Press Release

Embargoed Until Contact

March 05, 2015

Sue Ducat
Director of Communications
(301) 841-9962


Right-To-Try Laws


A new policy brief from Health Affairs and the Robert Wood Johnson Foundation looks at so-called Right-to-Try laws. For patients with serious, potentially life-threatening diseases, current federal regulations offer two routes to gain access to experimental drugs not yet approved by the Federal Drug Administration (FDA): participation in a clinical research trial, or, if not possible, applying to the FDA for use of a drug under the expanded access (also known as compassionate use) program. While the FDA has approved nearly all of these applications, the process is widely thought to be overly cumbersome. Since last year, five states have enacted their own Right-to-Try laws, with the aim of giving critically ill patients the treatments they seek. This health policy brief provides background on the federal regulations of expanded access and the recent involvement by many states. 


Topics covered in this brief include:


      • What's the background and the laws? The brief outlines the US process for experimental drug testing-from the initial Investigational New Drug (IND) application to the different phases of clinical trials. A year ago, the Goldwater Institute, a libertarian think tank, released a policy paper critiquing the FDA's expanded access program, which began in 1987, and proposing model legislation for state governments to adopt. Five states--Colorado, Louisiana, Michigan, Arizona, and Missouri--have passed Right-to-Try laws, and another fifteen have legislation pending.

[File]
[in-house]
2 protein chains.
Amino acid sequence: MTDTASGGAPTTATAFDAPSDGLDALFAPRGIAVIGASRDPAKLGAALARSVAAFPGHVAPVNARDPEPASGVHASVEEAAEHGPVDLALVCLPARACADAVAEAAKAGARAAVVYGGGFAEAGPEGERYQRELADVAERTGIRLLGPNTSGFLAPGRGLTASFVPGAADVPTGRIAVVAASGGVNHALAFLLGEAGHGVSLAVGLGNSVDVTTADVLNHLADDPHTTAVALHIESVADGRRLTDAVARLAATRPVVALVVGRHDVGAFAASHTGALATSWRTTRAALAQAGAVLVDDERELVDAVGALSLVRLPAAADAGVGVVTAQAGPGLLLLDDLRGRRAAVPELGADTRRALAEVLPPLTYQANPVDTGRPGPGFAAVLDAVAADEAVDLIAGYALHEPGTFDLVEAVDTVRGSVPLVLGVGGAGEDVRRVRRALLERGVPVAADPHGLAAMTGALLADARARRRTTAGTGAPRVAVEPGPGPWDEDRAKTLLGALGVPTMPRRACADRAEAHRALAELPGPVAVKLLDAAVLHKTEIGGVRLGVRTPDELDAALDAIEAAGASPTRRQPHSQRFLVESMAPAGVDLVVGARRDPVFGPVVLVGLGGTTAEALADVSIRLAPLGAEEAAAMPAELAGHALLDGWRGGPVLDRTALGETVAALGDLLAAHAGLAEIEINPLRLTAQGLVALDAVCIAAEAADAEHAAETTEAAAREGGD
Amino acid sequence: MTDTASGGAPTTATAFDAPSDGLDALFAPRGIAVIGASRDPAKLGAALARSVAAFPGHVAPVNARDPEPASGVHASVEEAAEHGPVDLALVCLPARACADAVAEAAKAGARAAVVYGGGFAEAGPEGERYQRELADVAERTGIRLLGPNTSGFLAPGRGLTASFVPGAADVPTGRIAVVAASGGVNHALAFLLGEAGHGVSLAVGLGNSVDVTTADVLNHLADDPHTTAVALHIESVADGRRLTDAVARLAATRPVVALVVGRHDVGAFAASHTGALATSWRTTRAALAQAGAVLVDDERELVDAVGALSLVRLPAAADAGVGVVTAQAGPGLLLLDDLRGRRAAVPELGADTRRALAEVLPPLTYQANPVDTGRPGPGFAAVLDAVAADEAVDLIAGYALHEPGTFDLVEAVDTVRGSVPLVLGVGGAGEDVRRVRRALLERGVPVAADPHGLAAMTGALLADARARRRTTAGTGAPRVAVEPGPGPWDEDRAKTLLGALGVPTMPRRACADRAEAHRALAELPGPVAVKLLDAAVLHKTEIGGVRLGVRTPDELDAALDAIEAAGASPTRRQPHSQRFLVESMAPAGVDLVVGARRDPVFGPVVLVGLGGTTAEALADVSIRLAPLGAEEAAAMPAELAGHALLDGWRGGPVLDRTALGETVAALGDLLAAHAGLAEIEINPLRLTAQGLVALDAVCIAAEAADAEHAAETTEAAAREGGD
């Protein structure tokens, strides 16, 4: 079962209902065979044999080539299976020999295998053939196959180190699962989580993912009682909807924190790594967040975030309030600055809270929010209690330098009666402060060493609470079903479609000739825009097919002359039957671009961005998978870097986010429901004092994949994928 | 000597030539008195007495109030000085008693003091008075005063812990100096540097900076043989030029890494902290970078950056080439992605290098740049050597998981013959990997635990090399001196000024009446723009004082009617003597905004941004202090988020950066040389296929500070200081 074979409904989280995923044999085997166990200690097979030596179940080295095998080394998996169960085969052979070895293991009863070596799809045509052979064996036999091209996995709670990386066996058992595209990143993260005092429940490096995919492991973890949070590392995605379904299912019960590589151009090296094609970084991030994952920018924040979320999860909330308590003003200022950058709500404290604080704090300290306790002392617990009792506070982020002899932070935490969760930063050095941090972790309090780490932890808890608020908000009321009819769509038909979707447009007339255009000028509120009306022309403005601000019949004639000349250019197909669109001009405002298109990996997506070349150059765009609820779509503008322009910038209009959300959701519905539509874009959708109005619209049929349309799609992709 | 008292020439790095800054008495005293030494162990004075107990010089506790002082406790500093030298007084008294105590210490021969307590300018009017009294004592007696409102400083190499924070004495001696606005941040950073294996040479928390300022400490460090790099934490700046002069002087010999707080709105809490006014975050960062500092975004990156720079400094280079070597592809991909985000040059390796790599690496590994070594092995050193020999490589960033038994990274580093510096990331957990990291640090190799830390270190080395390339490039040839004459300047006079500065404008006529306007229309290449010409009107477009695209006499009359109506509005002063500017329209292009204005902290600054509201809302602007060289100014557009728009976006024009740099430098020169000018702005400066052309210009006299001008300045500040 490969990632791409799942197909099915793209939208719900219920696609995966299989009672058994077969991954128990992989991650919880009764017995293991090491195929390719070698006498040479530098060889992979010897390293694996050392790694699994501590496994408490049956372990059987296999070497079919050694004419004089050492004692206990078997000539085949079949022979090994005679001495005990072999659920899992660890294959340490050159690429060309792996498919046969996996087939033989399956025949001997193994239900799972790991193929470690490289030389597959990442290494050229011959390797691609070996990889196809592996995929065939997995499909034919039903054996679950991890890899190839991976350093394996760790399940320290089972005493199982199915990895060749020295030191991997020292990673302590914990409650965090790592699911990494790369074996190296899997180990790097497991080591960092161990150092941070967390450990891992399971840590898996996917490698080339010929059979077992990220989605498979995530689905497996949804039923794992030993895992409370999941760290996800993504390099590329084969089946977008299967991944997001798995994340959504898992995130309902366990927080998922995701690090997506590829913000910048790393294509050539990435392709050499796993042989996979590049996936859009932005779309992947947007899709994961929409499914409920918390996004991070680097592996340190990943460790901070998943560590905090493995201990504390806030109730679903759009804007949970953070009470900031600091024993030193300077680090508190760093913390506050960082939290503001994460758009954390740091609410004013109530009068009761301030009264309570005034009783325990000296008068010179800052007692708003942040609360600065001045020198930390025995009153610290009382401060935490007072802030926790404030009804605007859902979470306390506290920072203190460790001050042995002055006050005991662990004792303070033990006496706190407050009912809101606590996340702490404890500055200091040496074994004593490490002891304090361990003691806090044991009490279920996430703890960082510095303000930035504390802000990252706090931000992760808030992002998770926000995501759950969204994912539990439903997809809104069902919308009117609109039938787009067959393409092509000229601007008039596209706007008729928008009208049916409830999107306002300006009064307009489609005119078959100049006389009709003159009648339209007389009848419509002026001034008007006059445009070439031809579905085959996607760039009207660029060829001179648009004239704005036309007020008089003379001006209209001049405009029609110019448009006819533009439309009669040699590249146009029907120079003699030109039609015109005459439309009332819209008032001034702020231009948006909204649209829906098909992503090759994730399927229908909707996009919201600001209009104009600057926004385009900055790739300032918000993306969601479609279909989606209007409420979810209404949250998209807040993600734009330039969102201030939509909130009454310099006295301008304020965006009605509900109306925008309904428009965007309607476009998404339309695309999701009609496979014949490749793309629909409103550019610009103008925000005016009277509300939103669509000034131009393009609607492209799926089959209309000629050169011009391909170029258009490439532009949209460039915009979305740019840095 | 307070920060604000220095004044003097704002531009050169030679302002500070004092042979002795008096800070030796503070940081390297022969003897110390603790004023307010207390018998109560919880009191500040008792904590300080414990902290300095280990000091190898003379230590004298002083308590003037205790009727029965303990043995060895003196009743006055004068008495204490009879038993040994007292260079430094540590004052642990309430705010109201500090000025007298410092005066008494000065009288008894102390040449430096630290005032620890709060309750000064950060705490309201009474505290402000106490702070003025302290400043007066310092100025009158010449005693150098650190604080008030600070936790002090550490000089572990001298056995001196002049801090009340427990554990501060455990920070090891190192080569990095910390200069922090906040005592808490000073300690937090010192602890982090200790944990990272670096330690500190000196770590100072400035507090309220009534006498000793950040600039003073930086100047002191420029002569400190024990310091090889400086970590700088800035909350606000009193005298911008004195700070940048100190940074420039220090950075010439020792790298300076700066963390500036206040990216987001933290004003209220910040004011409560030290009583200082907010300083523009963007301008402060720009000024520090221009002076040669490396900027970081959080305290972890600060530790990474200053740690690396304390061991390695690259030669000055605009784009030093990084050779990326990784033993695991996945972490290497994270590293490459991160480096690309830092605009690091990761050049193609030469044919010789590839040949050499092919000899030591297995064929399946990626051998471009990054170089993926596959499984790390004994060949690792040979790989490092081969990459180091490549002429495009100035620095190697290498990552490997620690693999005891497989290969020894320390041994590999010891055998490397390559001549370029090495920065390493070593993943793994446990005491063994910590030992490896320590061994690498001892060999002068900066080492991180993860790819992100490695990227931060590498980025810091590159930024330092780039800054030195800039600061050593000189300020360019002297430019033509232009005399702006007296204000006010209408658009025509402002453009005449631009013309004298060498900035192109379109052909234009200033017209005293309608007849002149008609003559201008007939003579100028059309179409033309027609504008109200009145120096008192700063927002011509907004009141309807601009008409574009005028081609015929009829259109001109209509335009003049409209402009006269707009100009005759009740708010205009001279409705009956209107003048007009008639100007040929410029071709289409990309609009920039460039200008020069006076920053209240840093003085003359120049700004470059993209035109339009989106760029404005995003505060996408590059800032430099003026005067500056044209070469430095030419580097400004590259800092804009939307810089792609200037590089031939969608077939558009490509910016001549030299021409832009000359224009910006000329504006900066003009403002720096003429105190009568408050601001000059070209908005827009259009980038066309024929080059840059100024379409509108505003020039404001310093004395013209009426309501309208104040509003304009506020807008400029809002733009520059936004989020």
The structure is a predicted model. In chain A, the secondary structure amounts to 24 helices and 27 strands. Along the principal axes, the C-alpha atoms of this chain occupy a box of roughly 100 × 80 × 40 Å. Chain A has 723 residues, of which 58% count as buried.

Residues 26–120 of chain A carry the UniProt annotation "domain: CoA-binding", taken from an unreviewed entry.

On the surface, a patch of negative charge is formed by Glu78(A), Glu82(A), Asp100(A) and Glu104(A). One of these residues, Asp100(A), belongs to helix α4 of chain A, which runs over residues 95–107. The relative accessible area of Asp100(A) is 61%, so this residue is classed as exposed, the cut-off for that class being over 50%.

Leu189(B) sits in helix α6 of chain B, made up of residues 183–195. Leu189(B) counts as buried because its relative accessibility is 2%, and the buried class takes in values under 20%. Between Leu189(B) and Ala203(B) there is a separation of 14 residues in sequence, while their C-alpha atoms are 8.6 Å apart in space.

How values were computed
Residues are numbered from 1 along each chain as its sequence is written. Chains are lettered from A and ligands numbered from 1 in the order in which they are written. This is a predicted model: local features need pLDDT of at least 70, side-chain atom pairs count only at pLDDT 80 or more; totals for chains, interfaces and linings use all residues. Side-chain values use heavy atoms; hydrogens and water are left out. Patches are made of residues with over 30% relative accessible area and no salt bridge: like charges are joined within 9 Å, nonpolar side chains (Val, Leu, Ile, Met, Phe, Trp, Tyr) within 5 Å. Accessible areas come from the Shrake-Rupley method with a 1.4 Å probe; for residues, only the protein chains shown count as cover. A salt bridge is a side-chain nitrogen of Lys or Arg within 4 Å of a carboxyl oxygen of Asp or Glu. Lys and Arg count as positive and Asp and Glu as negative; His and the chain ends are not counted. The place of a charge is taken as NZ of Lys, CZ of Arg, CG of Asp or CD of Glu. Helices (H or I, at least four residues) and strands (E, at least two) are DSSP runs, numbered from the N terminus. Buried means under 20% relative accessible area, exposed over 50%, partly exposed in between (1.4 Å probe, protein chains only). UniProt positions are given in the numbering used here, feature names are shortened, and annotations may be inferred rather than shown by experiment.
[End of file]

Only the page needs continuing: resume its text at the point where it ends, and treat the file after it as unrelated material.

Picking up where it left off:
• What's the debate? As the brief explains, criticism of the states' Right-to-Try laws center on two primary concerns: that patients will be exposed to significant harms with no guarantees of benefits; and that broader individual access to experimental therapies could serve to undermine the ongoing clinical research that might eventually support full FDA approval of these drugs. 

      • What's next? Right-to-Try laws have proved to be politically popular. There are likely to be more state laws passed in the current legislative sessions. In late 2014 Congress introduced legislation to evaluate the current process and make recommendations for its improvement. 
About Health Affairs

Health Affairs is the leading journal at the intersection of health, health care, and policy. Published by Project HOPE, the peer-reviewed journal appears each month in print, with additional Web First papers published periodically and health policy briefs published twice monthly at Read daily perspectives on Health Affairs Blog. Download weekly Narrative Matters podcasts on iTunes.